That said, the case for reducing extinction risk hangs on our moral view. If we embrace a person-affecting approach to future generations — on which we care about making lives good but not about making good lives — then extinction would not be so bad. It might even be judged good. An asymmetric moral view — according to which bad lives get more weight than good lives — might lead us to a similar verdict. And even on more standard views about the value of bringing new generations into existence, we might worry that future lives will be bad overall, so that extinction would be the lesser evil.
Nevertheless, we argue, those drawn to person-affecting, asymmetric, and pessimistic views should still be strong longtermists. That is because extinction is not the only persistent state whose likelihood we can affect. Artificial intelligence presents another opportunity. Experts judge that there is a real chance that we develop advanced AI this century, with capabilities exceeding our own across a wide range of domains. As a result of their superior intelligence, these artificial agents may come to exert significant control over human affairs: making important decisions on behalf of individuals, governments, and other institutions. These agents might also endure indefinitely. Since their underlying code could be copied, they could outlast any given piece of hardware. These two features of AI systems — their influence and their staying power — mean that they are likely to have substantial and lasting effects on the future. That in turn suggests that we can have a beneficial influence on the long-term by increasing the chances that these systems are aligned with the right values. Work underway at OpenAI and the Center for Security and Emerging Technology — to take just two examples — aims to achieve exactly that.
Another set of persistent states relates to climate change. A warmer climate could slow long-run economic growth, leaving future civilisation worse-off indefinitely. It could also lead to the extinction of species, the destruction of coral reefs, and other forms of irreversible damage to our ecosystem. Because these potential harms are near-permanent, we can expect that fighting climate change will have enduring effects on the future.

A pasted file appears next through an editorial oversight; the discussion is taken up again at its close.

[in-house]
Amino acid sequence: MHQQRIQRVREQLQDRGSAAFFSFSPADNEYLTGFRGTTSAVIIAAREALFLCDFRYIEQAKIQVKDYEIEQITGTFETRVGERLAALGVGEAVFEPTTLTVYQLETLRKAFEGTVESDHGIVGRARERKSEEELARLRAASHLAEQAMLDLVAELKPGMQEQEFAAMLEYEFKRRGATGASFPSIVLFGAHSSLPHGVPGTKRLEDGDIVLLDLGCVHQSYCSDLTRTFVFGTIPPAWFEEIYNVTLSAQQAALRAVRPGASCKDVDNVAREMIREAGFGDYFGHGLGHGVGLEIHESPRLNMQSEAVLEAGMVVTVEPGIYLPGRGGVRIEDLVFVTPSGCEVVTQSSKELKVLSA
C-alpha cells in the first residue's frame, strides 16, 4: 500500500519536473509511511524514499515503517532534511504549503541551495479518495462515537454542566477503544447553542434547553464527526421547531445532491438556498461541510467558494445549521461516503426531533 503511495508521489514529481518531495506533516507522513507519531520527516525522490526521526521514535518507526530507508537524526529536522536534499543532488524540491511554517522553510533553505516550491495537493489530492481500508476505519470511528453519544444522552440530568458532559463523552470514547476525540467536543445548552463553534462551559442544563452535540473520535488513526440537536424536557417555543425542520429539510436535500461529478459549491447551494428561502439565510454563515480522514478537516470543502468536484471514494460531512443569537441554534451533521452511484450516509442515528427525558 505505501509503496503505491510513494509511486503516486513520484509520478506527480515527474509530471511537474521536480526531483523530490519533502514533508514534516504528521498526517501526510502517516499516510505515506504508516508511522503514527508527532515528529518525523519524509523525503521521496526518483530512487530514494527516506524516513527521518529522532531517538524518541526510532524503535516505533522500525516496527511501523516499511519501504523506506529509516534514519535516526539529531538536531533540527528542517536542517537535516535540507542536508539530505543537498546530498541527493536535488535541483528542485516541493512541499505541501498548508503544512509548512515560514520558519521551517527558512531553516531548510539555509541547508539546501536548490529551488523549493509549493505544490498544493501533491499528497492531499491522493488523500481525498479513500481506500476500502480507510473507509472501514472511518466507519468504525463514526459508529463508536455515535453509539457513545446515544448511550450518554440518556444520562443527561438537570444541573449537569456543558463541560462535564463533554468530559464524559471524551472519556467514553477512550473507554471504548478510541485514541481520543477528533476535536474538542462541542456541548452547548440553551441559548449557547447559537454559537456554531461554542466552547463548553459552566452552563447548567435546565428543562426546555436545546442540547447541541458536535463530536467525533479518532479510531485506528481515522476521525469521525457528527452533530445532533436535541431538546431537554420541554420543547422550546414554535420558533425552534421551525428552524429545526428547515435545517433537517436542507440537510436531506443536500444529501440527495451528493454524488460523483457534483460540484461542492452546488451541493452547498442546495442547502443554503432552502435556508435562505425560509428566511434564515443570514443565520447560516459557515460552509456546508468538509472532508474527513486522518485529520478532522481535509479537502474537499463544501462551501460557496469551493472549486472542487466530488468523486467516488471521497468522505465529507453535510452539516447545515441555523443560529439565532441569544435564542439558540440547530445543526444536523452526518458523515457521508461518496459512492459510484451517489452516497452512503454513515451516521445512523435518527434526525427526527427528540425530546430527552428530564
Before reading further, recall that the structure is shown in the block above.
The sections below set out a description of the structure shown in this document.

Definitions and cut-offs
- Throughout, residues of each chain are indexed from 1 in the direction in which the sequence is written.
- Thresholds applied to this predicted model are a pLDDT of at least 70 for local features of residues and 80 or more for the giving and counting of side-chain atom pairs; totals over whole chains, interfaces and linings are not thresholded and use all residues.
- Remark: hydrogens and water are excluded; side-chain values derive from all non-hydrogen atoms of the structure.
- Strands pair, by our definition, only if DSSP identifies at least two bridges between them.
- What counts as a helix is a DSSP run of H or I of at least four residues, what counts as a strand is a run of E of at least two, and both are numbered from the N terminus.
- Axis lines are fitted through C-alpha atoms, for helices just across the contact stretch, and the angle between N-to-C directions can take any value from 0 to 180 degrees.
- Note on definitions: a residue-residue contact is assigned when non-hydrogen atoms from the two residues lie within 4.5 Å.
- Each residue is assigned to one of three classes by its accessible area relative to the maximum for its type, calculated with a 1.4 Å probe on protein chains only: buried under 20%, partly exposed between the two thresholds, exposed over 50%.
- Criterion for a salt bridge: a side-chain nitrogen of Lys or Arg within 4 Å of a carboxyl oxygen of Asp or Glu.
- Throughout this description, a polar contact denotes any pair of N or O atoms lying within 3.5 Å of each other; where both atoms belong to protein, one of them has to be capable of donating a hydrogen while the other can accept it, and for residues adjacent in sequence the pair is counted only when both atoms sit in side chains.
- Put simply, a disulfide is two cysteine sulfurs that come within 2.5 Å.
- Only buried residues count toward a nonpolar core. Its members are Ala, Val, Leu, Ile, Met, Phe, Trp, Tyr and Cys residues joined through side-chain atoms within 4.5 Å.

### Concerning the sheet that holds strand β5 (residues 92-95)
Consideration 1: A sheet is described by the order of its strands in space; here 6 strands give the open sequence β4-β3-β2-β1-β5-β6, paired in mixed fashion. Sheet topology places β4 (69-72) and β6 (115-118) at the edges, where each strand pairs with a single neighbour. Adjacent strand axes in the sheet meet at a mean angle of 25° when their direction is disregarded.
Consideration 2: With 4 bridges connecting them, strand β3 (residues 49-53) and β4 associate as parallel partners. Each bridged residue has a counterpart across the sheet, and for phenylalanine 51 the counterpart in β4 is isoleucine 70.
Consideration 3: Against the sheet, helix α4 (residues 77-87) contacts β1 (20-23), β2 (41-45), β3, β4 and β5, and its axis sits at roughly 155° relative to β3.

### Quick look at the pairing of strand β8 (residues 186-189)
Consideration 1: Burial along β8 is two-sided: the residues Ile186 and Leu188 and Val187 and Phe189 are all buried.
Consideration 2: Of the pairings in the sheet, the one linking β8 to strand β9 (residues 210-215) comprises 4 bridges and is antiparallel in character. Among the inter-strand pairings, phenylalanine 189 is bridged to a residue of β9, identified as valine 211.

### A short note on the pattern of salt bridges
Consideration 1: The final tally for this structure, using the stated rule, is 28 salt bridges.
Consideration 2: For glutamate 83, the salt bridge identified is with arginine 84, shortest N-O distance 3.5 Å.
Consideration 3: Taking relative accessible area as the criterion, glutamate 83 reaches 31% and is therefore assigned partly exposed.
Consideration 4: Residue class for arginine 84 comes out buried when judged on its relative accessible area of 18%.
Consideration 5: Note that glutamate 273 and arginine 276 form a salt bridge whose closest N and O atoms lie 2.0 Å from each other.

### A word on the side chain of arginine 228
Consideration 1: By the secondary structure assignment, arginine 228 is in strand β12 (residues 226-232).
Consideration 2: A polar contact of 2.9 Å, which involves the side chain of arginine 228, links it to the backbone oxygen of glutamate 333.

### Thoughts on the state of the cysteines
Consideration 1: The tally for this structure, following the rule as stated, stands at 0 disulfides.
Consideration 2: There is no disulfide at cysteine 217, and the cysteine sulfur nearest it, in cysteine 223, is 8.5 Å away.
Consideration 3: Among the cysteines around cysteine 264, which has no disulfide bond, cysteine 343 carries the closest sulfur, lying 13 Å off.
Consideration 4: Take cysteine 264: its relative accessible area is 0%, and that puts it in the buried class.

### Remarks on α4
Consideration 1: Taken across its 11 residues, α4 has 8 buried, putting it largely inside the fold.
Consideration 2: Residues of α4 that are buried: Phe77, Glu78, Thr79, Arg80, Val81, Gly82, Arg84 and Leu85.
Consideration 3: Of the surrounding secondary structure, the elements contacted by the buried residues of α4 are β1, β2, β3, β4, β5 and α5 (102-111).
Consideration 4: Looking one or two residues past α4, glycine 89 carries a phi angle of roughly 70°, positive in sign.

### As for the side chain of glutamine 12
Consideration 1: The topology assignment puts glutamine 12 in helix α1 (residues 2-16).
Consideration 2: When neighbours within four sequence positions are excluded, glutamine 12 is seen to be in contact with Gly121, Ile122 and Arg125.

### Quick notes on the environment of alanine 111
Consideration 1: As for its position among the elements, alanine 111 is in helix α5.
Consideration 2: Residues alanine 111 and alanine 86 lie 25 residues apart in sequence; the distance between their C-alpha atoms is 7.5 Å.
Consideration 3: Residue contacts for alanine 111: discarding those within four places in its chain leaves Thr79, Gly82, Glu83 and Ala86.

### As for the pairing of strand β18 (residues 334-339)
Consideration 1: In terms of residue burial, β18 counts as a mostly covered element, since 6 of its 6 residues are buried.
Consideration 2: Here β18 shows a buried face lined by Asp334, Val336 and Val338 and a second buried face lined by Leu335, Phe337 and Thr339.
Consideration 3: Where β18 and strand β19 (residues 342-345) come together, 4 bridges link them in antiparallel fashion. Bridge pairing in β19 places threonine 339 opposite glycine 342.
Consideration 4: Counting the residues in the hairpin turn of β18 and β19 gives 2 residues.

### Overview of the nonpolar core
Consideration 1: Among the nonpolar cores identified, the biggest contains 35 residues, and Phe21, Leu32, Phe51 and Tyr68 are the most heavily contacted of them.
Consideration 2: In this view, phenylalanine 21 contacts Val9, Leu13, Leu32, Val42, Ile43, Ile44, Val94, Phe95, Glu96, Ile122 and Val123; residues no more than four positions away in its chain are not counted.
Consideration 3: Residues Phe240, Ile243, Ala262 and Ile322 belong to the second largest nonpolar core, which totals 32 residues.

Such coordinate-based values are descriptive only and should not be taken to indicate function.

In sum, humanity finds itself in a delicate position. Our civilisation is currently poised between a range of persistent states. Falling into one of these states would likely have immense effects on the long-term future. Through the judicious use of time and resources, we can alter the chances that these states come about. As a consequence, we have the power to make our world better for generations to come.
But, as noted above, the case for strong longtermism hinges on the numbers. Not every lottery ticket is worth buying, and the same could be true of our proposed longtermist interventions. However, we argue that — even on conservative figures — the opportunities we list above are well worth the expense. Matheny’s proposed asteroid deflection system is one example. Another concerns artificial intelligence. If £1 billion of grants could reduce the chance of a catastrophic AI outcome — in which humanity’s future is rendered near-worthless — by just 0.001%, then a £10,000 donation can do as much good as saving 10,000 lives. By contrast, it is widely agreed that the best available human-centric short-term interventions save roughly 4 lives per £10,000, at least in the short term.
And there is still much we do not know. Even if, at present, we cannot reasonably expect any of these longtermist initiatives to have better consequences than the most effective short-term actions, it remains possible that extra information would tip the scales in favour of a longtermist option. In that case, funding research into the long-run effects of various initiatives may be our best move. Since future people would likely take note of this research, we can expect our donations to increase the effectiveness of humanitarian efforts for many years to come.
Another option is to save our money. We could set up a foundation or donor-advised fund with an explicitly longtermist mission. This fund would pay out if and when a good opportunity to shape the long-term future arises. The phase before the widespread deployment of advanced artificial intelligence would be one such opportunity. Since both the value of this longtermist fund and our knowledge about the efficacy of various actions is likely to grow over time, we can expect its impact to be especially substantial.
The upshot is that we have a whole array of opportunities to benefit the generations who could exist in centuries to come. Even on the most cautious estimates, we should expect longtermist initiatives to do many times as much good as it is possible to do in the short term. So, if our aim is to do good, we should focus on the long term.
Are we morally required to be longtermists?